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Kazaa, China and Microsoft

Last week, the long-awaited verdict was finally handed down in the Australian court case against the Kazaa filesharing application. The verdict that was handed down appears to be inline with what the US Supreme Court handed down in the recent Grokster decision, where the actual software itself is not illegal, but the promotion of the software for illegal usage by the developers is illegal. In the Kazaa case, the argument was that the developers were licencing users to access a network which they knew was being used for copyright infringement purposes. The numerous corporate reshuffles and ownership rearrangements did not help, either, as it suggested an elaborate attempt to avoid liability.

In the greater scheme of things, the decision will not change much in terms of file sharing or copyright infringement. The relevancy of Kazaa as one of the primary file trading networks has been in decline for some time, with numerous alternatives surfacing to take its place. Some of these tools have also drawn attention, such as BitTorrent, where tracker sites (sites which host the .torrent files which point to the actual content) have been under legal pressure to close, when they have been hosting .torrents which point to files which have compromised copyright (such as the site). The ongoing efforts by content owners to prosecute, and shut down, file trading efforts will only continue to pick off the low hanging fruit. There will be new filesharing technologies and anonymous access methods which will emerge, which will only serve to make it more difficult to track down copyright infringers. Anonymous networking applications and initiatives, such as Tor and Freenet, will be a part of this approach.

Unfortunately, Australia still does not have suitable provisions for fair use in legislation, which might be leading end users to seek content via copyright infringement purposes. What this means, in practical terms, is that iPod owners can not legitimately fill their portable devices with their music collections, as there is no legal download service for MP3 formatted files in Australia, and media shifting of their existing CD collections is not permitted under the current fair use laws.

As the Kazaa verdict is being sorted out, Sharman Networks (the company responsible for Kazaa) has indicated that it will be appealing the ruling, but the appeal is not likely to start before the end of the year. In order for the appeal to take place, they need to lodge their request within three weeks of the verdict date. With the music companies that led the prosecution calling for damages of billions of dollars to be paid by Sharman Networks (or Kazaa users), it has yet to be determined what the financial cost will be, and who will have to pay it. Sharman Networks have also indicated that they will fight the sections of the ruling which they do not agree with.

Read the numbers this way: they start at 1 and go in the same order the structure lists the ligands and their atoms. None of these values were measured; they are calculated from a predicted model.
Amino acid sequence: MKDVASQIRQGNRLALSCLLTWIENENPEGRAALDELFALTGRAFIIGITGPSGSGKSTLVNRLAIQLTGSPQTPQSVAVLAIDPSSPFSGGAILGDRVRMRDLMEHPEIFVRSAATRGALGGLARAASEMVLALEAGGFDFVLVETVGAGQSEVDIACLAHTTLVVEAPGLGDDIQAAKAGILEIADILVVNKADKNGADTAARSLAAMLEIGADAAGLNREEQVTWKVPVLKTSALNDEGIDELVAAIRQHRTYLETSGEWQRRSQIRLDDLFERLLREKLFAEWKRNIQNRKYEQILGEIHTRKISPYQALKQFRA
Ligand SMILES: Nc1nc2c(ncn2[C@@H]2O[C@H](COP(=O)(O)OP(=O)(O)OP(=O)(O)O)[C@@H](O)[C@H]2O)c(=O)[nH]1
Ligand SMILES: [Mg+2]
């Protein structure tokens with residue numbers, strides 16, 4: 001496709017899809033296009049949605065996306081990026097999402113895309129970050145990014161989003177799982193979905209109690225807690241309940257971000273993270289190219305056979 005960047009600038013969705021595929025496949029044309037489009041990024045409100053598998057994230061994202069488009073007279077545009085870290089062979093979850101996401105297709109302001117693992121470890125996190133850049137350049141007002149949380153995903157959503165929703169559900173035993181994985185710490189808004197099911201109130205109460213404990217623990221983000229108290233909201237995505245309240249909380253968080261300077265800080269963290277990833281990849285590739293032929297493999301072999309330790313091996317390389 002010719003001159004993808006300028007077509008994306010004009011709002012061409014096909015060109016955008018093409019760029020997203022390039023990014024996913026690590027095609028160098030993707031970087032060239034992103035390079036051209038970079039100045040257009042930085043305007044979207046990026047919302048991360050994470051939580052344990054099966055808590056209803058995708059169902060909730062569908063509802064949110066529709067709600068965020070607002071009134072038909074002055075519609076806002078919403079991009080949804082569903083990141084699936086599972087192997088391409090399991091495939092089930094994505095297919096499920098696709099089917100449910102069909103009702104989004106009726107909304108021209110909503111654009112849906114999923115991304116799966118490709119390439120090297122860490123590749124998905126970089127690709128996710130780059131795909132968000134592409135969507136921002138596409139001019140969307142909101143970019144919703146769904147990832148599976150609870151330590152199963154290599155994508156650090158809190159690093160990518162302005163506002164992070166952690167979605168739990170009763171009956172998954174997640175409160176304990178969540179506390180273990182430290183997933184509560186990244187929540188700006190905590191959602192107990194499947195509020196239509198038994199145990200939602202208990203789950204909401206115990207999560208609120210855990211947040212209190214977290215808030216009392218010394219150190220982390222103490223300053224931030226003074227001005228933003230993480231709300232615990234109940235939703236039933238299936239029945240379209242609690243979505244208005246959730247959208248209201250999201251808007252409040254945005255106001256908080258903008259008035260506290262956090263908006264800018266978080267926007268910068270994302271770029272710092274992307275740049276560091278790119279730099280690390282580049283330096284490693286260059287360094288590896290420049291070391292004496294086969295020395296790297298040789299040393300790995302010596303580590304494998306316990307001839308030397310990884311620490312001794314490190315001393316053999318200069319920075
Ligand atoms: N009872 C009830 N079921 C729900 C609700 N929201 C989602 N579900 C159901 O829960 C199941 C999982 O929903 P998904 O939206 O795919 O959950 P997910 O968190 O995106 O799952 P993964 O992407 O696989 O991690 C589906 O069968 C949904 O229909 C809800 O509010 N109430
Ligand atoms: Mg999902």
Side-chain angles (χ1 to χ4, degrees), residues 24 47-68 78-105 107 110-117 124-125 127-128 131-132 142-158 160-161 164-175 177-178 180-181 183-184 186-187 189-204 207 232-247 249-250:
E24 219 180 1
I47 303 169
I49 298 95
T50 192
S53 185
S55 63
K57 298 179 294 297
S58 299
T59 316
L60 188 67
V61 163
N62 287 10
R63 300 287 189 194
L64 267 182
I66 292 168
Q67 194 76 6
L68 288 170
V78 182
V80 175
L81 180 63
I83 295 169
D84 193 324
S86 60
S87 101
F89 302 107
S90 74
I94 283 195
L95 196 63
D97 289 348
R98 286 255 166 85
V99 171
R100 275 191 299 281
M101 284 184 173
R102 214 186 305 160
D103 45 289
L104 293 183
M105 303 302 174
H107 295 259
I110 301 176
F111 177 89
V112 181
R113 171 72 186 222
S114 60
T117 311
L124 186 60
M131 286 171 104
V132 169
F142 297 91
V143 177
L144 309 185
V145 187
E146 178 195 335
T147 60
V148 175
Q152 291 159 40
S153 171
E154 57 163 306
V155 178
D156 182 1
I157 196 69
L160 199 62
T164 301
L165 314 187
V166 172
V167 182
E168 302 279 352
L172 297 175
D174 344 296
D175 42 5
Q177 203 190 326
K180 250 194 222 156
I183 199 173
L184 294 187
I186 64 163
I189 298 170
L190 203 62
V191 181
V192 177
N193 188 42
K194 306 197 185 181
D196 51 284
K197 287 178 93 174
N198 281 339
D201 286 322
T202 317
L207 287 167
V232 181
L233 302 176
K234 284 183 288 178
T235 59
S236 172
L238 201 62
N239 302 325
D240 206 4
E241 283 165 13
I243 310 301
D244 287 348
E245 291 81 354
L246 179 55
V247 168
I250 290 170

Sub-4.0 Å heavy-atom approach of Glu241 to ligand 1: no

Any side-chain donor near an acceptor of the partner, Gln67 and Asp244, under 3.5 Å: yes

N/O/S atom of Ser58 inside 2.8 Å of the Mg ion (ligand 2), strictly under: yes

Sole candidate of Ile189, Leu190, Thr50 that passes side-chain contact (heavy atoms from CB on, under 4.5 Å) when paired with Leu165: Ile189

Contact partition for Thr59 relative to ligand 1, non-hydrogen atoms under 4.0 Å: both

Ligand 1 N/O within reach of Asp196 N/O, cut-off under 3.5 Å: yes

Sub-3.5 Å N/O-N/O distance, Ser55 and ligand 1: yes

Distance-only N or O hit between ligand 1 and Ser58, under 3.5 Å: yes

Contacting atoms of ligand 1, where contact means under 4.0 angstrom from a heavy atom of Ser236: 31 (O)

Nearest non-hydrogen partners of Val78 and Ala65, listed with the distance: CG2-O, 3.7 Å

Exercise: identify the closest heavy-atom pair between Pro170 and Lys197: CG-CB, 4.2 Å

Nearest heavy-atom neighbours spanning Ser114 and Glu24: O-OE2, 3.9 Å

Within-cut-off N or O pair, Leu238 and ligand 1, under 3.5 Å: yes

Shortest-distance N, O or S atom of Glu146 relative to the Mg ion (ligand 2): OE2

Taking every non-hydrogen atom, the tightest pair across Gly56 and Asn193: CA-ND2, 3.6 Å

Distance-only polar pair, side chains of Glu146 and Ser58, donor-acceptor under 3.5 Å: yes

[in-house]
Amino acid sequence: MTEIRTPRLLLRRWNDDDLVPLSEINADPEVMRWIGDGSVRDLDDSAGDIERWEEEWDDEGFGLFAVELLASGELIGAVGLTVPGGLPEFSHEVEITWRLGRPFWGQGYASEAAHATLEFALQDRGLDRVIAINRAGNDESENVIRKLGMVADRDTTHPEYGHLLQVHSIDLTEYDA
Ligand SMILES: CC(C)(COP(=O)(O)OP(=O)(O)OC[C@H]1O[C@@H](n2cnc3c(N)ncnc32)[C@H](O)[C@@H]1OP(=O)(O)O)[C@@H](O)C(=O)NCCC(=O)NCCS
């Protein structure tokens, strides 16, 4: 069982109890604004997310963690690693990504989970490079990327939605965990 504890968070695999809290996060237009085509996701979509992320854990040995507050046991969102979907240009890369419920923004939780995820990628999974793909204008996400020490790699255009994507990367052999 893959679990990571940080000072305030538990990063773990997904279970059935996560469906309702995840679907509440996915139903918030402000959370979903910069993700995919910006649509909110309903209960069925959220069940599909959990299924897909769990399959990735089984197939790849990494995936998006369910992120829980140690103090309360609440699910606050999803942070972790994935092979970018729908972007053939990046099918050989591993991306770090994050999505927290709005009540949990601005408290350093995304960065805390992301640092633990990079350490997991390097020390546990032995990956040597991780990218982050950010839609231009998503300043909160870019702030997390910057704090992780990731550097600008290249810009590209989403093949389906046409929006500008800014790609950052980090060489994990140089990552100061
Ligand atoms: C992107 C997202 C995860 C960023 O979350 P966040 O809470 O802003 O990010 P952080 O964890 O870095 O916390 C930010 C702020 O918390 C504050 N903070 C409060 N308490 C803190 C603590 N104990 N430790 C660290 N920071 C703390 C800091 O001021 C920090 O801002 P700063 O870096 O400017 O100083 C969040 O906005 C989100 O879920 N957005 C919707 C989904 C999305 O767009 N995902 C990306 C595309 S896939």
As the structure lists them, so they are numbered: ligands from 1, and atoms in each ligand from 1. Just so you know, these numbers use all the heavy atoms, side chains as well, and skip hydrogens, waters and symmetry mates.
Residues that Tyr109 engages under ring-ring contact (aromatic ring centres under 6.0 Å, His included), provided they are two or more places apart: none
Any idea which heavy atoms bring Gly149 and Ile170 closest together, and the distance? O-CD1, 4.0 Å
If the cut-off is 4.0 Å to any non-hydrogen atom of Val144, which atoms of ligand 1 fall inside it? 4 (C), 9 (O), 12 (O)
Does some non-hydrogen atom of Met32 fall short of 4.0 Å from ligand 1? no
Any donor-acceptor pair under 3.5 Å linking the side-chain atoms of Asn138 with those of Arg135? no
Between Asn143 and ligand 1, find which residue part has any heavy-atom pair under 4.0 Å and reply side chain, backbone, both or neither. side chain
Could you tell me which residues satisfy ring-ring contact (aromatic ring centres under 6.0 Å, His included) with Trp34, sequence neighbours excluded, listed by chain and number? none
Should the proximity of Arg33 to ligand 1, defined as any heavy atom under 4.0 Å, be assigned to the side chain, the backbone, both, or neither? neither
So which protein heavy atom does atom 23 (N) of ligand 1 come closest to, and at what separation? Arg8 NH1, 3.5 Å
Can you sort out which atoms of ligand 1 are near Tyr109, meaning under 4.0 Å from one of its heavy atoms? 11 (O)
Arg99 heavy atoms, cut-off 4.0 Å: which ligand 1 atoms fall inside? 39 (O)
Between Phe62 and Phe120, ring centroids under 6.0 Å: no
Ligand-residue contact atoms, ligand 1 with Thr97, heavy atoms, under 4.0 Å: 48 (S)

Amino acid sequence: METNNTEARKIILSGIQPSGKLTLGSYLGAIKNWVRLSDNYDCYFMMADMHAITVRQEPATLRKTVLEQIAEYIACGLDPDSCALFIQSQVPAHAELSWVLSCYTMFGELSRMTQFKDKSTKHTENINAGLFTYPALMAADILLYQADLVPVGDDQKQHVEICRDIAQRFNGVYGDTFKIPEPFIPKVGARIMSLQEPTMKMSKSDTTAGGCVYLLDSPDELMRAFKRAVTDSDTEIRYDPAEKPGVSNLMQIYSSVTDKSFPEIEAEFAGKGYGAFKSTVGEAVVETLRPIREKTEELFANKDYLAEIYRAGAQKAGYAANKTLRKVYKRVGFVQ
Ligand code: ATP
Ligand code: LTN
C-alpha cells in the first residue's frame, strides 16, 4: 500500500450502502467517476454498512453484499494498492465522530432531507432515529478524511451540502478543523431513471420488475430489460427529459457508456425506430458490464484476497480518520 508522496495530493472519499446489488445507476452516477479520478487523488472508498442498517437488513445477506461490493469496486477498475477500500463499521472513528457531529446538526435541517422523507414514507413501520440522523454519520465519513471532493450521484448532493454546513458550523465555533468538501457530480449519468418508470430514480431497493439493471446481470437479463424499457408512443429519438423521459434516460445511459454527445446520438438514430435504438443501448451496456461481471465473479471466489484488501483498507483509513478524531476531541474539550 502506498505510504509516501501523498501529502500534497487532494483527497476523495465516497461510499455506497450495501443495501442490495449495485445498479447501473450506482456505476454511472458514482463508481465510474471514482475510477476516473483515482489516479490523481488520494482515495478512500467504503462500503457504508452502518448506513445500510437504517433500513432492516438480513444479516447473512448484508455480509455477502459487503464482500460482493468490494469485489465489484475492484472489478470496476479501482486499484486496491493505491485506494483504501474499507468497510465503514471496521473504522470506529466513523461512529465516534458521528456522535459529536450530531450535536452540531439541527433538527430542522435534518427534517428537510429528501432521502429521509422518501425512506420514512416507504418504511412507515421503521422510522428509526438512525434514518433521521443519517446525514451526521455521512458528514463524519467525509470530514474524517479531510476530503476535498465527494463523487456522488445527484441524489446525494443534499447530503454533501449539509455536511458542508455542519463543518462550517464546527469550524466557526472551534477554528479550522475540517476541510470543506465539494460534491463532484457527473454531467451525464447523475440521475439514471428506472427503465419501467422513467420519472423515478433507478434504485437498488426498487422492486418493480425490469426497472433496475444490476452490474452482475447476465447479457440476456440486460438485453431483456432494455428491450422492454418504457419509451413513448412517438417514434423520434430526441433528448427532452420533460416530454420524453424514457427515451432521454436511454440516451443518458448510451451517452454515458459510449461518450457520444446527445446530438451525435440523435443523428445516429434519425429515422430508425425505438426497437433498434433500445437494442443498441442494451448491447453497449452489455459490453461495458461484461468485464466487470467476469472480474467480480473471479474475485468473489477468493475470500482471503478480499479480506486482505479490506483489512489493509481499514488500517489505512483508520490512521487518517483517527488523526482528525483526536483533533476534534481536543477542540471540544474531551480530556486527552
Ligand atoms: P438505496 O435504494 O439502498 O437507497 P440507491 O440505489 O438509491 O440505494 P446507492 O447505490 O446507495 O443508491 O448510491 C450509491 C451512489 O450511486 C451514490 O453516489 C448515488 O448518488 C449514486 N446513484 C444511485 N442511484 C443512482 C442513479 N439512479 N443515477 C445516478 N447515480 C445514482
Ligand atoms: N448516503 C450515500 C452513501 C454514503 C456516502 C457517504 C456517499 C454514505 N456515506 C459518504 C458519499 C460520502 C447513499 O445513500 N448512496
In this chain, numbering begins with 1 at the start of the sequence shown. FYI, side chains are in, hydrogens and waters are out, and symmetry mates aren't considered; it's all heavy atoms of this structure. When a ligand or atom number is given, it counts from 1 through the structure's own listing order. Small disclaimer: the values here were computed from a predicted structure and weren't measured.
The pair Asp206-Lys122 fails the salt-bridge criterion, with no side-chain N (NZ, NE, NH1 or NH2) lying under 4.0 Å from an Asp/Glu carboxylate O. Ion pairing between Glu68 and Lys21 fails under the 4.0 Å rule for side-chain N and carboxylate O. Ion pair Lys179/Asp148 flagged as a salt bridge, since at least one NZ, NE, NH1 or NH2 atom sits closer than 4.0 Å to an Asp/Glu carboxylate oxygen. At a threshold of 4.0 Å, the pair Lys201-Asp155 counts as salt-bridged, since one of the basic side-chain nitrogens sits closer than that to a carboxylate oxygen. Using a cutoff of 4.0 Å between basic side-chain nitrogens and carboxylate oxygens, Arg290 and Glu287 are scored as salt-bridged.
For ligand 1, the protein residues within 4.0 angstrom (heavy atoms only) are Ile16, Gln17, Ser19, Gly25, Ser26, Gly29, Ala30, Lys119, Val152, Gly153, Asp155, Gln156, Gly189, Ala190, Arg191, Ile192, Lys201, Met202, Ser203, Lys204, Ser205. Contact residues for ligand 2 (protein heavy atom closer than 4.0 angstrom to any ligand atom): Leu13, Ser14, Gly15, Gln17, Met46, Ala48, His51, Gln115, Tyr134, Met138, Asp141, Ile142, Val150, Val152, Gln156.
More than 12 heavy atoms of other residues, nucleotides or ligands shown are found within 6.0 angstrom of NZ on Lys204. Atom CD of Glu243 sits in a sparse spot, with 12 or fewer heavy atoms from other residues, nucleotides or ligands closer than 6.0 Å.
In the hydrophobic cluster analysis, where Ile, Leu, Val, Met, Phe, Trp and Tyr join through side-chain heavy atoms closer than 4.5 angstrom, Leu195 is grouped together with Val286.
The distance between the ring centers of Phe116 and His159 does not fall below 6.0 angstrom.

The hyperbole and irrational fear that this case has resulted in appears very similar to that which surrounded the Grokster decision, and the Napster decision before that. Decisions such as this seem to polarise responses, and allows people marginally involved with the case to use the outcome as a platform to forward their own agendas. While the arguments being put forward by the various interest groups have their own merit (or lack of), the underlying dichotomy between technical advancement / acceptance and the knowledge held by law makers and major corporations about such technology continues.

China is also facing similar issues, as the government seeks to manage the access of residents to external information sources. Reports started circulating towards the end of the week of moves by China Telecom to block Skype VoIP services to their customers. Currently only affecting the southern city of Shenzen, the blockage has drawn the conspiracy theorists out of the woodwork, claiming that the Chinese are doing this to prevent unregulated information access by residents. While this is a possibility, it appears that the reason behind the move may be more commercial than anything else. The presence of VoIP services allows users to bypass most calling costs for telephone calls, buy using the existing network connection. When the incumbent telecommunications providers charge in the order of $1 - $2 USD per minute for international telephone calls, the presence of an alternative which is essentially free can threaten the viability of the existing services. A China Telecom representative observed that the current legislation in China strictly regulates VoIP style services, and only China Telecom and China Netcom are permitted to conduct trials. Concerns have been raised by telecommunication companies in other countries over similar issues, and it represents an ongoing concern for them.

Activities of foreign companies within China have also drawn some news in the last week. Yahoo! has been accused of complicity in supplying information to the Chinese authorities which was used to jail a Chinese journalist for ten years. According to the claims made in an Associated Press article, the Internet Search Engine giant provided information on the content of a a Yahoo! mail message that was then traced to the journalist's computer. The Chinese authorities claim that the message contained state secrets, and the journalist was illegally passing them to foreign interests. The message in question apparently contained the journalist's notes on a government information circular which outlined media restrictions. Claims were also made that it is a symptom of the Chinese Government's difficulty in controlling information flow in the digital era, and other Chinese journalists have faced similar charges.